Black Panther is a Marvel comic character created by Stan Lee and Jack Kirby in July of 1966, first appearing in Fantastic Four #52. Much like other Marvel films, Black Panther has been in development for quite some time and had been released in February 2018. A month has passed since it's release and it has grossed $1 billion worldwide and is in the number 5 spot of highest domestic opening weekend.
With Avengers: Infinity War just over the horizon, Black Panther is coming close to the end of it's run theatrically.
There have been politics surrounding the movie, however unlike Sony Pictures with Ghostbusters, neither Marvel Studios, nor Ryan Coogler even issued a political statement slamming detractors of the movie as far to my knowledge (If however I am wrong, I will correct that Lord Willing in this paper as an additional note).
I won't give my thoughts on the movie entirely here but I will say while not as good as Captain America: Civil War and Doctor Strange, Black Panther certainly is in the top three best Phase 3 moves of the Marvel Cinematic Universe.
This article is more of a look at the identity politics surrounding it as well as the themes and points the movie actually makes.
No Whites Allowed Identity Politics
If you were to replace Whites with Blacks, people would be demanding that the person in question would be removed from their job and prosecuted, dragging their name through the dirt but for some reason, no outrage when racist individuals, tell white people to let people of colour see the movie first and then whites can see the movie afterwards.
This is obscene. The melanin (the stuff that determines your skin colour) in your skin doesn't have a deciding factor in whether or not to see the movie first. There are even white people who said that we should wait for people of colour to see it first. Can you imagine the backlash if people for Captain America: The First Avenger said No Blacks Allowed, there would be outraged protests but when people start saying the same thing regarding Black Panther, silence. Total hypocrisy and shows us the irony of leftists (not all) that they are the most racist and bigoted people of all.
I saw the movie on the 13th of Febuary 2018, which was the earliest screening for the UK, before the United States even saw a release. The fact Marvel Studios, specifically Kevin Feige, the architect of the MCU and head of Marvel Studios, and Ryan Coogler, the director and co-writer of Black Panther, have never issued a statement regarding the movie's detractors speaks volumes. I don't know their political stance but they seem quite tolerant, inclusive and the things the left go on about.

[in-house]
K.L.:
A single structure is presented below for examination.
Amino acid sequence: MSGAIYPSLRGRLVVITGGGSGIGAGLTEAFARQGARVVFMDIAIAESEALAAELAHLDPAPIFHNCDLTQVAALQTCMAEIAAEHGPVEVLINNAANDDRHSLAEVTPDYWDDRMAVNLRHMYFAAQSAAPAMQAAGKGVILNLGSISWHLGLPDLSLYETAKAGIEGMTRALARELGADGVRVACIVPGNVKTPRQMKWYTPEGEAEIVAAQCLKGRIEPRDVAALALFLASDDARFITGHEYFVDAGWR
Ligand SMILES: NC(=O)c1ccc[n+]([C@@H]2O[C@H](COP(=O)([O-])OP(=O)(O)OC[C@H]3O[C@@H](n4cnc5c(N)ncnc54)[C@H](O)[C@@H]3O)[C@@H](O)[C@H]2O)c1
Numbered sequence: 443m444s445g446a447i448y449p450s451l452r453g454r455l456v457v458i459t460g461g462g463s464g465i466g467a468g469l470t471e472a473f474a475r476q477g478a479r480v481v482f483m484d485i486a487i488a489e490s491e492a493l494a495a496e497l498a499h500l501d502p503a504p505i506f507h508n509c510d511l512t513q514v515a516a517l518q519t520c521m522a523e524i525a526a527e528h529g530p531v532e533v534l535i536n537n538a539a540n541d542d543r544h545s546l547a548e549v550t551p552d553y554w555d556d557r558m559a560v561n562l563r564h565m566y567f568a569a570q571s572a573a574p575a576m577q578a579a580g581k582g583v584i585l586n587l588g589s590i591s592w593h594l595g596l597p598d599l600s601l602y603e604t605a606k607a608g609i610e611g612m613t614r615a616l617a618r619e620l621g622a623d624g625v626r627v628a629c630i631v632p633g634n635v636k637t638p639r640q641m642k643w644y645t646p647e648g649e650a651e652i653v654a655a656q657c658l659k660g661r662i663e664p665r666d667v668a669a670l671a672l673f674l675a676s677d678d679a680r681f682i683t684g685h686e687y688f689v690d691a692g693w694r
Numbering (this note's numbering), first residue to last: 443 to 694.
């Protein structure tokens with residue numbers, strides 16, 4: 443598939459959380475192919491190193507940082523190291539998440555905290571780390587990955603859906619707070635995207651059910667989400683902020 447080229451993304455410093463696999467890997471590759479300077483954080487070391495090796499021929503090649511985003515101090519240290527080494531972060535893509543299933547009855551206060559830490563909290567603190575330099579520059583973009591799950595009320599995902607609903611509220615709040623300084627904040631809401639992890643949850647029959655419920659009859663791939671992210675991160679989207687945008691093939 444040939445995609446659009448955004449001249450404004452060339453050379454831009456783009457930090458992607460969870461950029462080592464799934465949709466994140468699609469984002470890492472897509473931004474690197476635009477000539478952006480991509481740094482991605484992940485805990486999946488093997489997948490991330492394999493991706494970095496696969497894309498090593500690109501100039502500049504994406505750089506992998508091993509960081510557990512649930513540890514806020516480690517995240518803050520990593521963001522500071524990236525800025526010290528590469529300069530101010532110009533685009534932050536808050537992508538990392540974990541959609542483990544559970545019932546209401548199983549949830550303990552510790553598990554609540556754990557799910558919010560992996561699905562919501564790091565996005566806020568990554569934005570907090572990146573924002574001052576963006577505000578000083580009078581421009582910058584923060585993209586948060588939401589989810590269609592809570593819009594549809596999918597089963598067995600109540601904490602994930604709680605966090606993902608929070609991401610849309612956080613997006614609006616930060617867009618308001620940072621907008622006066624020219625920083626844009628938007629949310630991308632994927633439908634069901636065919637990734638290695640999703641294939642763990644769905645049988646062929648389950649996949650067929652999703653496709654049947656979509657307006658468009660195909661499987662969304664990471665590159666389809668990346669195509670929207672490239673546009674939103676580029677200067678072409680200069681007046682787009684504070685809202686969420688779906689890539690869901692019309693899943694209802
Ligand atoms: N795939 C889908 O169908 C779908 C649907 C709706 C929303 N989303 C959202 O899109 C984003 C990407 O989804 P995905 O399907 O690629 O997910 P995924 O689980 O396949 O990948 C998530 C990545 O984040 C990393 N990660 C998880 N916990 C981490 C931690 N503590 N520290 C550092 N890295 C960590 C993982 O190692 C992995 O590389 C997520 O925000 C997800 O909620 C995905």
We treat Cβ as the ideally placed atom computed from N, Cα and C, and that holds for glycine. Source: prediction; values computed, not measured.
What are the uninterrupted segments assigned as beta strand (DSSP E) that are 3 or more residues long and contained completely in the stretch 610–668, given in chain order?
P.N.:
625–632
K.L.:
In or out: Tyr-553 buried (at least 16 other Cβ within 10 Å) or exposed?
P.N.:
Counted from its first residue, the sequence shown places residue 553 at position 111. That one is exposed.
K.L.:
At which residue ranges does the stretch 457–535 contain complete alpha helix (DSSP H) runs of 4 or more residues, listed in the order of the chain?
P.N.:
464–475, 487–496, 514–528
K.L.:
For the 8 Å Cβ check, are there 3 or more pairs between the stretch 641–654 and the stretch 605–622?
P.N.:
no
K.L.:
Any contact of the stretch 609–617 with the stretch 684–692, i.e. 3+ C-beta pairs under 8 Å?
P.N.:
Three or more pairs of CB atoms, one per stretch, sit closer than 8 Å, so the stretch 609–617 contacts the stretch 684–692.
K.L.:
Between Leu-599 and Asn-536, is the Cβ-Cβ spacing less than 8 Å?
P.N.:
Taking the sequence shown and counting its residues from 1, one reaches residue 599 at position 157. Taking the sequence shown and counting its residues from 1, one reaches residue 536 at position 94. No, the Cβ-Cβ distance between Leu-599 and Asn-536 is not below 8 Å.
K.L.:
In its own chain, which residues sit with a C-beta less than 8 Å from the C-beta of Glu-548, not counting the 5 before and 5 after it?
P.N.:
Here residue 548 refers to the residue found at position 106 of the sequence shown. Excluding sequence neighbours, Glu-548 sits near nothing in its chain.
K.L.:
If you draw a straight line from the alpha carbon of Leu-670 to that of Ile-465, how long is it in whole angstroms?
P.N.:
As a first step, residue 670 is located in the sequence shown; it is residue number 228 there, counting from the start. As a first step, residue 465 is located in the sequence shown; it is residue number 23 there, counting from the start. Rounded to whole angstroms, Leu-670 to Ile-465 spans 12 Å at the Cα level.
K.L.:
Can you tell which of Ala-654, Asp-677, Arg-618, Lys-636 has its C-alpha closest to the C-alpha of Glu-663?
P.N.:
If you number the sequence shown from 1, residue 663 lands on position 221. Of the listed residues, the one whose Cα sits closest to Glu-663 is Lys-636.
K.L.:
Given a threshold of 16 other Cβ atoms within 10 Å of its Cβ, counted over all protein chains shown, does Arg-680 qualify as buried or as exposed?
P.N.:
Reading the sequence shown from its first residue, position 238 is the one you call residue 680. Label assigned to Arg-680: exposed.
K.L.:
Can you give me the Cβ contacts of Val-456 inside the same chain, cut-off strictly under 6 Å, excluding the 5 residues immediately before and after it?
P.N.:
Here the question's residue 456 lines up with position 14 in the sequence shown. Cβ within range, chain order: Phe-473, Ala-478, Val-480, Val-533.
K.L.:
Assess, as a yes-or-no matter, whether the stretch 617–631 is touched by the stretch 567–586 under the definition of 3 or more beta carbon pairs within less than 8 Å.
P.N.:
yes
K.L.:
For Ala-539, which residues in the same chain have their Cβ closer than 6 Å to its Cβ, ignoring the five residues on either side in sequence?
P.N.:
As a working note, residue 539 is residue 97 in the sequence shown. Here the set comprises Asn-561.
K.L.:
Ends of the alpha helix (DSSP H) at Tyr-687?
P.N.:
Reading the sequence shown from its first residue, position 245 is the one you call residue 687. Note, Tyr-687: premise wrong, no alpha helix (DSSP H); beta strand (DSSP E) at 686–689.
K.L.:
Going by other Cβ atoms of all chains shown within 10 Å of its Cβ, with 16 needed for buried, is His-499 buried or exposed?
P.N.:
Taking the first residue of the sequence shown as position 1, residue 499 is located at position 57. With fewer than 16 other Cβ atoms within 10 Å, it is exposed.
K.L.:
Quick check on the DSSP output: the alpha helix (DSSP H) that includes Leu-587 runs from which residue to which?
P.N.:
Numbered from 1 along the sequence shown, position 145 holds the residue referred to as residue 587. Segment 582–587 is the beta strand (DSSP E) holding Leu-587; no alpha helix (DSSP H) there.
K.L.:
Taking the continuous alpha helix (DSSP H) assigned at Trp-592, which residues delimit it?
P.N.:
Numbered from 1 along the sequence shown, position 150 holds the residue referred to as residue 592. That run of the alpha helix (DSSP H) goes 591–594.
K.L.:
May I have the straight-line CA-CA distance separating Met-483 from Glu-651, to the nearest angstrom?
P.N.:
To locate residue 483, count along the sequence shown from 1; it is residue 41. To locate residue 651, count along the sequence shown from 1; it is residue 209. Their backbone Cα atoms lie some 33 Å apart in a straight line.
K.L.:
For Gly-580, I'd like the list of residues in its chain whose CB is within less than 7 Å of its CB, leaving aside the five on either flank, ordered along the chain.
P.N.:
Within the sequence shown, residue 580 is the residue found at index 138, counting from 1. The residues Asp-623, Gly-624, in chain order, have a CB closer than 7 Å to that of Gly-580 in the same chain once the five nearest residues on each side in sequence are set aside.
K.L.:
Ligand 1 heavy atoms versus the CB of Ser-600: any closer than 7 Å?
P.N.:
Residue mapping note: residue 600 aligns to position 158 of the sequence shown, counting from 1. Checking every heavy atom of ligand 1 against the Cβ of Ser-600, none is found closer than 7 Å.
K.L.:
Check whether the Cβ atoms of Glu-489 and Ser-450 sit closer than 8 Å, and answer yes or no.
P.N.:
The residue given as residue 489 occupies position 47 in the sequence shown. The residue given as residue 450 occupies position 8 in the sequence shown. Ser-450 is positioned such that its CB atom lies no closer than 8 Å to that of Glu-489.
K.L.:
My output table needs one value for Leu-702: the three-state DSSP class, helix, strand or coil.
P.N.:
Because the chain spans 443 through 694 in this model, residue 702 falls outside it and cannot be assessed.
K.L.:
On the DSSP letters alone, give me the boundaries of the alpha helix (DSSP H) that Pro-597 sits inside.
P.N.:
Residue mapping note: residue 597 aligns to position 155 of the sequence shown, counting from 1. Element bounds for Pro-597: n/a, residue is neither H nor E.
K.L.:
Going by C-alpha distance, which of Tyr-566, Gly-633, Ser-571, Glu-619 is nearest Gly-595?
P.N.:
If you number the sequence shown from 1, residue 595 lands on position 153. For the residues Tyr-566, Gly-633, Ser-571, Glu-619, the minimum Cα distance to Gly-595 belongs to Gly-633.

Sabotage of Rotten Tomatoes
For Christians not in the know, Rotten Tomatoes is a website that gathers reviews from critics and using those reviews, calculates a numerical rating, it goes up if a positive review is posted and goes down if a negative review is posted.
Individuals were deliberately trashing the movie to tamper with the Rotten Tomatoes rating days before the movie has been released and an individual had given rules for white people to sit in the theatre at the back, not to see it in the opening weekend letting people of colour see it first and post a positive review on Rotten Tomatoes before seeing the movie? (All said by a white man by the way).
What a cancerous atmosphere identity politics have created.
Kevin Feige's political stance I am not sure, it could be centre left but at least he isn't engaging in this silliness and attacking people for not praising his movies.
Ryan Coogler (himself black) doesn't seem to be criticising people for disliking or liking the movie.
Just watch Black Panther, regardless of ethnicity, it doesn't define what time you may go to the cinema for any movie, it's open to everyone and the same would also apply to home media.
Identifying with a particular character based on race
I understand the issues in Hollywood in the past, some have complained about blackface and yellowface which is understable, but it annoys me when individuals say they identify or are pleased when a child can identify with a character and not have to dress up as an Asian or Black version of that character (I honestly don't care as a youth leader I knew years ago dressed up as Rey 2 or 3 years ago and didn't make a statement about her being an Asian Rey, she just dressed up as Rey and that was it).